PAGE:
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Introduction to Philosophy of Mind

Unit code: PHIL10632
Credit Rating: 20
Unit level: Level 1
Teaching period(s): Semester 2
Offered by Philosophy
Available as a free choice unit?: Y




This course aims to:

- Introduce some central problems concerning the relation between mind, body and the larger physical world
- Help students develop a properly philosophical approach, including the ability to work out, analyze and criticize arguments in the literature.


A major shift in perspective on the place of the mind in nature accompanied the rise of modern science in the 17th century. The revolutionary writings of Hobbes, Descartes, Galileo and other scientists and philosophers of the time sought to understand nature mechanically and mathematically and thereby supplant the older Aristotelian hylomorphic view of the world dominant in the earlier ancient Greek and medieval Christian periods of thought. What are the implications for the mind of this powerful scientific materialism? Are mental phenomena just further material phenomena in nature, susceptible to physical explanation?

The first part of this course unit explores issues arising out of the mind-body problem: How is the mind related to the body? We will read classic texts drawn from historical and contemporary sources, beginning with Descartes’s famous “conceivability argument” for mind-body distinctness, an argument so influential and beguiling that souped-up versions of it are still vigorously defended today. Subsequent topics will vary from year to year and may include (but are not limited to): reductive mind-brain materialist theories of mind, functionalism, mind as computer, animal minds, consciousness. In the second part of the course, we turn to the mind-world problem: What is the relation between the mind and the objects in the world that it thinks about? How do thought and language manage to reach out beyond themselves and refer to and represent, things in reality? We can think about things that no longer exist, such as Marie Curie, and things that have never existed, such as Pegasus and phlogiston. How are we able to do this? If we were all disembodied brains in vats living in a virtual reality à la the film The Matrix what implications would this have for the contents of our thoughts?

Teaching and learning methods

Two 1-hour lecture/discussion and one 1-hour tutorial per week

Learning outcomes

On successful completion of this course unit, students will be able to demonstrate:

- Introductory knowledge of some central philosophical problems in philosophy of mind.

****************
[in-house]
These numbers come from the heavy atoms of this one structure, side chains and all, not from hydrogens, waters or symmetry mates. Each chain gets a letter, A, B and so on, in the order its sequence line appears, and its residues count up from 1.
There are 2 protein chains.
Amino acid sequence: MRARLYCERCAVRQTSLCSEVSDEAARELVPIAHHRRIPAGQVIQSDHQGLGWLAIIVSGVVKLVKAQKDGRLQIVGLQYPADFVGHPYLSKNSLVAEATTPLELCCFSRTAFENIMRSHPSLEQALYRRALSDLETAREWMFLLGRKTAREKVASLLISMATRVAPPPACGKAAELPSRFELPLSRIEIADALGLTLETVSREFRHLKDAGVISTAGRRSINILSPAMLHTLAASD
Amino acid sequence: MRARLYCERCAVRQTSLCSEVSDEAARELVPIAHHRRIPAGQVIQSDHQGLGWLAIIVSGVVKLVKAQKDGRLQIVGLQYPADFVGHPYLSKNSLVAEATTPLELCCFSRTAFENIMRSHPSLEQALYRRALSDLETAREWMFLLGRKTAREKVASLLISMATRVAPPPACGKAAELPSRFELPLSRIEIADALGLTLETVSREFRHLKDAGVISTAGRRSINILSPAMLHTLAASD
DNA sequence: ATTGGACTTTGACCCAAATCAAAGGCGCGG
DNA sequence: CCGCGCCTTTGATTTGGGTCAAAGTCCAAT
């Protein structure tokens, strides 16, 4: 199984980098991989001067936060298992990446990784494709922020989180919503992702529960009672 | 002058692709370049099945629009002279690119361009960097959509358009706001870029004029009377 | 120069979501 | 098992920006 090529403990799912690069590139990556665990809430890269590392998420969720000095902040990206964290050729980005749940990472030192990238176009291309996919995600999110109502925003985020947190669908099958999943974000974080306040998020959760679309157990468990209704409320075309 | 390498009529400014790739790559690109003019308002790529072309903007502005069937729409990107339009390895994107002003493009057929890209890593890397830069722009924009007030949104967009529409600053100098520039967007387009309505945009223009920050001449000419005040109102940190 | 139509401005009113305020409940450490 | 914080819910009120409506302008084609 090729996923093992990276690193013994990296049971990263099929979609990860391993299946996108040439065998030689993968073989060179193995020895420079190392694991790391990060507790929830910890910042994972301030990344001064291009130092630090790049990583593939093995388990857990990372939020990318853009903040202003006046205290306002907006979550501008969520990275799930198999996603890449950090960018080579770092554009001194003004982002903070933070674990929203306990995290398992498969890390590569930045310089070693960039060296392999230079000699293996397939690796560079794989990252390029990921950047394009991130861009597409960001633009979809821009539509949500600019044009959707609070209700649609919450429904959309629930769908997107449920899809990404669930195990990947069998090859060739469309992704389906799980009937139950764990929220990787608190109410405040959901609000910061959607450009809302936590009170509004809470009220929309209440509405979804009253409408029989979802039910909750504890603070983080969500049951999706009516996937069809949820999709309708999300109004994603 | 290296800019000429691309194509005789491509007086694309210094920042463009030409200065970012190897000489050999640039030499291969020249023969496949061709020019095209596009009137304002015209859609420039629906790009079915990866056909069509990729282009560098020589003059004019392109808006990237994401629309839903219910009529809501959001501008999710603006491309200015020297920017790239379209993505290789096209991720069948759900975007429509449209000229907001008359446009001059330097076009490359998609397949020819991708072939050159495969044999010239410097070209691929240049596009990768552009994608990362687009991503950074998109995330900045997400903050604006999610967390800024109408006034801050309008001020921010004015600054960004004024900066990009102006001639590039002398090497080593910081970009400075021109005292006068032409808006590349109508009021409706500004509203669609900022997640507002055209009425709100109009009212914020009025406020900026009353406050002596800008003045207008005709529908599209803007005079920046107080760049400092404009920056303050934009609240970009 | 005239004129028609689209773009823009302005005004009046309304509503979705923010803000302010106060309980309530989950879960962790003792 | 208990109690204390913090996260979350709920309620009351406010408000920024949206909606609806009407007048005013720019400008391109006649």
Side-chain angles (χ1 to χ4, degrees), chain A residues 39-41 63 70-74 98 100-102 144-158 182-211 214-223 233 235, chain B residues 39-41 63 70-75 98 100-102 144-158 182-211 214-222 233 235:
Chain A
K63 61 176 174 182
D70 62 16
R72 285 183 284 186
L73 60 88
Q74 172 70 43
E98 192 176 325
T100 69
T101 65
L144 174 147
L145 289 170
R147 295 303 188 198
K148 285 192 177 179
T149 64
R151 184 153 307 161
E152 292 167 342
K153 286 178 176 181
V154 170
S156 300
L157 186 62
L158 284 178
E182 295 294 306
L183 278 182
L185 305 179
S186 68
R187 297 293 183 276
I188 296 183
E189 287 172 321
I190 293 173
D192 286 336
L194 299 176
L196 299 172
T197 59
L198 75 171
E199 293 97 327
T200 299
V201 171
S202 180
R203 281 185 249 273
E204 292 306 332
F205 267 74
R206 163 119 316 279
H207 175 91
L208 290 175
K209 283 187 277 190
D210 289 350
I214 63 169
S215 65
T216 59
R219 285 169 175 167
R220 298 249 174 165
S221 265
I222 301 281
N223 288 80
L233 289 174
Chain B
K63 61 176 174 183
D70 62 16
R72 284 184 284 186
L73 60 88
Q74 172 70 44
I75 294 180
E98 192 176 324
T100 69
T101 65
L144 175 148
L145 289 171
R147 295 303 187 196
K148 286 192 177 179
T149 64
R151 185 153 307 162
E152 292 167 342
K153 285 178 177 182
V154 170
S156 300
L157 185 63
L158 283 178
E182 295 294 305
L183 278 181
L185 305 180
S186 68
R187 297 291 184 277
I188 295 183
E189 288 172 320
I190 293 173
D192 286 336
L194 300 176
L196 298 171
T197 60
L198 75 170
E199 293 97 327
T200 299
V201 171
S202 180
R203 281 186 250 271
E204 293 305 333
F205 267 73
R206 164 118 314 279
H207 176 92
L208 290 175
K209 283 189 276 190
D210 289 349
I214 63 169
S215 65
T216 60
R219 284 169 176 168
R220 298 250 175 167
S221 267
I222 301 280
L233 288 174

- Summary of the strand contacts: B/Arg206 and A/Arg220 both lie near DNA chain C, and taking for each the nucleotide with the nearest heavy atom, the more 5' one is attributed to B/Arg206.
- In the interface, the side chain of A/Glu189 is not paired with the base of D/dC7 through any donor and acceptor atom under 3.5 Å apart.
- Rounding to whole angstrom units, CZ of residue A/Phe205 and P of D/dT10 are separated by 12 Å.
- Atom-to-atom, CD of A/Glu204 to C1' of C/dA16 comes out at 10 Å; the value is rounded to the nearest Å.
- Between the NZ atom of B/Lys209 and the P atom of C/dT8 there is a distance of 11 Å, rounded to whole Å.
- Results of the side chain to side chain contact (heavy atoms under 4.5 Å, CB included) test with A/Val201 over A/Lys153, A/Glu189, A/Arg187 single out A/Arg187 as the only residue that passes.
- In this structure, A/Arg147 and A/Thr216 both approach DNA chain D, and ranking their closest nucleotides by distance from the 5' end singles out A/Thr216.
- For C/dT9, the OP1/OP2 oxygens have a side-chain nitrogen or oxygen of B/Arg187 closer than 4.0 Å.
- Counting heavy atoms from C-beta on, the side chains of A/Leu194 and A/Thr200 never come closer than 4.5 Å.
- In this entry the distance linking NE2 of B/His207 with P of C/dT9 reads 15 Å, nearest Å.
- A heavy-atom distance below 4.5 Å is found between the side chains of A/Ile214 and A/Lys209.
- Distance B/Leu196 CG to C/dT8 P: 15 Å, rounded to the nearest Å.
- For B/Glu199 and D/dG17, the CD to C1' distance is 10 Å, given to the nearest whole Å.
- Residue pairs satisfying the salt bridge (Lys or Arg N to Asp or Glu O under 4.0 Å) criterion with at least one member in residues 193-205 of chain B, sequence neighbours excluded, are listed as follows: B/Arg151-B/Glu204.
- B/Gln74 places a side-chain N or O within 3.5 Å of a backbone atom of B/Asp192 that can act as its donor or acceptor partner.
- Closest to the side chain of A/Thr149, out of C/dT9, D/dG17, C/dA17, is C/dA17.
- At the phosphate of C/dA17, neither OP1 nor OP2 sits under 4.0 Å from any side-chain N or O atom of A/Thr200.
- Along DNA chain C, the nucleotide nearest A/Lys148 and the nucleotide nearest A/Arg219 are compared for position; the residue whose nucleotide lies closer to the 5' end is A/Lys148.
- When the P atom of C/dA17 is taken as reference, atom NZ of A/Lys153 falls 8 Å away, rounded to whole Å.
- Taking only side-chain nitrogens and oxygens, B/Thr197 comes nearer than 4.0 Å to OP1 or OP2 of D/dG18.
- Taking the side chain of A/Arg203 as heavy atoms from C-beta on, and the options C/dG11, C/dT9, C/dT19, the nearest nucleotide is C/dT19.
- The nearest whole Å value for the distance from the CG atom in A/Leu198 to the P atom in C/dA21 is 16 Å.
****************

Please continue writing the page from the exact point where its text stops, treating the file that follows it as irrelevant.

- A clear understanding of the problems raised by the texts studied.
- A clear sense of the arguments and positions defended in the texts studied.
- The ability to respond to these positions and arguments critically and with arguments of their own.

Employability skills

  • Analytical skills
  • Group/team working
  • Innovation/creativity
  • Oral communication
  • Problem solving
  • Research
  • Written communication

Assessment methods

  • Written exam - 67%
  • Written assignment (inc essay) - 33%

Recommended reading

Simon Blackburn, Think, chapter 2
Barbara Montero, On the Philosophy of Mind
George Graham, Philosophy of Mind. An Introduction, 2nd ed.
Sean Crawford, Aspects of Mind

Feedback methods

The main forms of feedback in this course unit are markers’ written comments on assessed essays and exam answers. The School of Social Sciences (SoSS) is committed to providing timely and appropriate feedback to students on their academic progress and achievement, thereby enabling students to reflect on their progress and plan their academic and skills development effectively. Feedback, of course, is necessarily responsive: only when a student has done a certain amount of work and approaches us with it at the appropriate fora is it possible for us to feed back on the student's work.

There are also a variety of generic forms of feedback available to you on this as on all SoSS course units. These include: meeting the lecturer/tutor during their office hours; e-mailing questions to the lecturer/tutor; asking questions before, during (if appropriate) and after lecture; presenting a question on the discussion board on Blackboard; and obtaining feedback from your peers during tutorials.

Study hours

  • Lectures - 20 hours
  • Tutorials - 10 hours
  • Independent study hours - 170 hours

Teaching staff

Michael Crawford - Unit coordinator

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